The headline in the performance review of Friday, Nov. 13should have amused me. “Tone Deaf Masterpiece?” As a teacher of both Shakespeare and theater reviewing, however, I was depressed by the tone-deaf review of Lafayette College Theater’s “The Merchant of Venice.” Sadly, Jay Bickford’s misreading of the production is quite common in the world of Bardolotry. Anyone who thinks the play is a happy little ditty about lovers has obviously not read Shakespeare’s work, which I agree is indeed a masterpiece. But it is a terribly complex play about terrible people who treat others in terrible ways. Portia is a racist (cf. her comment, after spending a scene insulting just about every European suitor, in 2.7 about the Black Prince of Morocco “A gentle riddance. Draw the curtains, go./Let all of his complexion choose me so.”) Bassanio, after wasting the money that Antonio has already given him, asks for more to go fortune hunting for a hot lady. (cf 1.1: “In Belmont is a lady richly left; and she is fair….”) And of course Bassanio is confident that he can manipulate Antonio’s love for him to get the money.
The anti-Semitic language, from Lancelot, from Lorenzo, and from the rest of those Venetians is frequent and malicious. Antonio himself has spit on Shylock, and promises to do so again. In the famous courtroom scene of Act Four, Portia manipulates the law to utterly ruin Shylock, and then, to add insult to injury, forces him to turn Christian, to abandon his culture, his religion, his identity.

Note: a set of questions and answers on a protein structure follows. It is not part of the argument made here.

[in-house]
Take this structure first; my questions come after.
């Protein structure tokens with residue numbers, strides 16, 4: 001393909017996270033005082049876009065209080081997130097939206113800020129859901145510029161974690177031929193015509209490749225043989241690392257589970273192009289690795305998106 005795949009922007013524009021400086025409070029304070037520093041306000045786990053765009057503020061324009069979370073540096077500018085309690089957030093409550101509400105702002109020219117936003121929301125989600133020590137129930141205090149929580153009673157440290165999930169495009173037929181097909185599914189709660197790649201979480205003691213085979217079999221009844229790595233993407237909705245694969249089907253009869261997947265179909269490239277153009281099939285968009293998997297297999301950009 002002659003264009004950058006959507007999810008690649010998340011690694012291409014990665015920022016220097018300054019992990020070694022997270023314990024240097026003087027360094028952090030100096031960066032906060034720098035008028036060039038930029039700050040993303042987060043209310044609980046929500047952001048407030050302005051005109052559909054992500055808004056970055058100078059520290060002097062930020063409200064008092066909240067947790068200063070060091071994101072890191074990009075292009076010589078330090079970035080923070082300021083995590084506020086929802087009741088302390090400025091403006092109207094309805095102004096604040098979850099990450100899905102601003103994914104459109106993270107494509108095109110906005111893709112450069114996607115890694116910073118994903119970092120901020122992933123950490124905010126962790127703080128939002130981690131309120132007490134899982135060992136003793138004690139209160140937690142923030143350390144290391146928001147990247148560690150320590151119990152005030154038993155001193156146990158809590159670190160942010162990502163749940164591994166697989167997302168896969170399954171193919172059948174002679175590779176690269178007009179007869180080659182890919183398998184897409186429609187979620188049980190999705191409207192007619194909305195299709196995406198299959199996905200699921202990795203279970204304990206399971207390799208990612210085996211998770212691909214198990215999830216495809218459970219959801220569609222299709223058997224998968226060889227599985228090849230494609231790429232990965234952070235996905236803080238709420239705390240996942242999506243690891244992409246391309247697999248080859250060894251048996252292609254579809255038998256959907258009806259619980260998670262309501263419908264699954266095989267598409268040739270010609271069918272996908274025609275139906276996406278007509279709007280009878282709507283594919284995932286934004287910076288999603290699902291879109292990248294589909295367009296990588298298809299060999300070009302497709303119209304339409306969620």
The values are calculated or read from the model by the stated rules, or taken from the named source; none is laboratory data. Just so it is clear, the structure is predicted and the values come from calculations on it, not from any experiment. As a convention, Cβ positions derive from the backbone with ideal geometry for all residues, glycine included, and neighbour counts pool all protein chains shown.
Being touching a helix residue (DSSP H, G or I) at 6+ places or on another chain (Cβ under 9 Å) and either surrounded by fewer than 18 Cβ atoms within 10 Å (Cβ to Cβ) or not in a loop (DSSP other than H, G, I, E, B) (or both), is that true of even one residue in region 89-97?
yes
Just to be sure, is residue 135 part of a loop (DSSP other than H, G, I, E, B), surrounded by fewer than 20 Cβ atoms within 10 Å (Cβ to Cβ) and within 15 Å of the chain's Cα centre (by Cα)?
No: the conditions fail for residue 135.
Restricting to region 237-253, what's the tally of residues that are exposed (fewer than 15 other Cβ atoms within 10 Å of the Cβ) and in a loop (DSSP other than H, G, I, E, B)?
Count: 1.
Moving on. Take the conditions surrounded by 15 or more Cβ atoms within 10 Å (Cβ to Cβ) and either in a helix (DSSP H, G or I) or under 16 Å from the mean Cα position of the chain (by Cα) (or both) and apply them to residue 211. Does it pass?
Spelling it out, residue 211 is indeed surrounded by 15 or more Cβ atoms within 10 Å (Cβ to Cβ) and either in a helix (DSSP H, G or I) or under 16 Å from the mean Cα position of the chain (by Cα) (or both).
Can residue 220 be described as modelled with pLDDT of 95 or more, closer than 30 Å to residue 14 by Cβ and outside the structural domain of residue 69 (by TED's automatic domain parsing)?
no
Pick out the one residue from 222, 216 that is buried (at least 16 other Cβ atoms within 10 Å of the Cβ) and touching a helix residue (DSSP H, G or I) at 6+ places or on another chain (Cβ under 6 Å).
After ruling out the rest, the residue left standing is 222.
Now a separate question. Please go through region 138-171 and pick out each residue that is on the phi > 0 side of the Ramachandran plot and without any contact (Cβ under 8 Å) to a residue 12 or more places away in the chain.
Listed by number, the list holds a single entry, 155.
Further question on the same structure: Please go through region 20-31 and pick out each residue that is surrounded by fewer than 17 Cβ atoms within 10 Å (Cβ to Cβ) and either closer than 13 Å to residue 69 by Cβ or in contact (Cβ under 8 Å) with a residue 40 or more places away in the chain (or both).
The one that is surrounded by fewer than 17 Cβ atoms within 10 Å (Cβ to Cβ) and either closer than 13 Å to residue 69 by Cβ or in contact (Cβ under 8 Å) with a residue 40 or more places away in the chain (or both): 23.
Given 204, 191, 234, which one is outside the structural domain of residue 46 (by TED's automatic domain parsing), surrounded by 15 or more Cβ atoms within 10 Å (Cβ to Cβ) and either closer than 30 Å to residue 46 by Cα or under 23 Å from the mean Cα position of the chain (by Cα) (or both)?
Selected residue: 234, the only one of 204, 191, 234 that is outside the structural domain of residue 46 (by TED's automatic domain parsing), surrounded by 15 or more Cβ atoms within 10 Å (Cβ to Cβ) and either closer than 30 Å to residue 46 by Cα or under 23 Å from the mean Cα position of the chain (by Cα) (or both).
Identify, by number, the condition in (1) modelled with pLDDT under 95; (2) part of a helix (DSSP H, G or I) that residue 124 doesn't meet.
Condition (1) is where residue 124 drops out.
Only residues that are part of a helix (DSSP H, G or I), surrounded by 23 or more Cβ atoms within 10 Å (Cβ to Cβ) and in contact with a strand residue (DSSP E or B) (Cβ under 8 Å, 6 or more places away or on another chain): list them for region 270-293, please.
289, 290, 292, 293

If the audience is seduced by those whom we assume to be the “good guys” just because they are white Christians who prevail, perhaps we have missed both Shakespeare’s and Professor O’Neill’s point. We get seduced by these characters and neglect to really listen to their words, swept along by our assumptions and prejudices, just like the Italians and the Germans in World War II. And perhaps we are in danger even today of falling for Fascists, as we listen to the Presidential candidates who, with their racist rhetoric, similarly seduce people who are not listening or not thinking. The cast for this play did a fabulous job of seducing the audience, and Prof. O’Neill’s invocation of fascism is spot-on. The last ten seconds of the play should have made that crystal clear.
Prof. Suzanne Westfall
Westfall is a professor of English and Theater.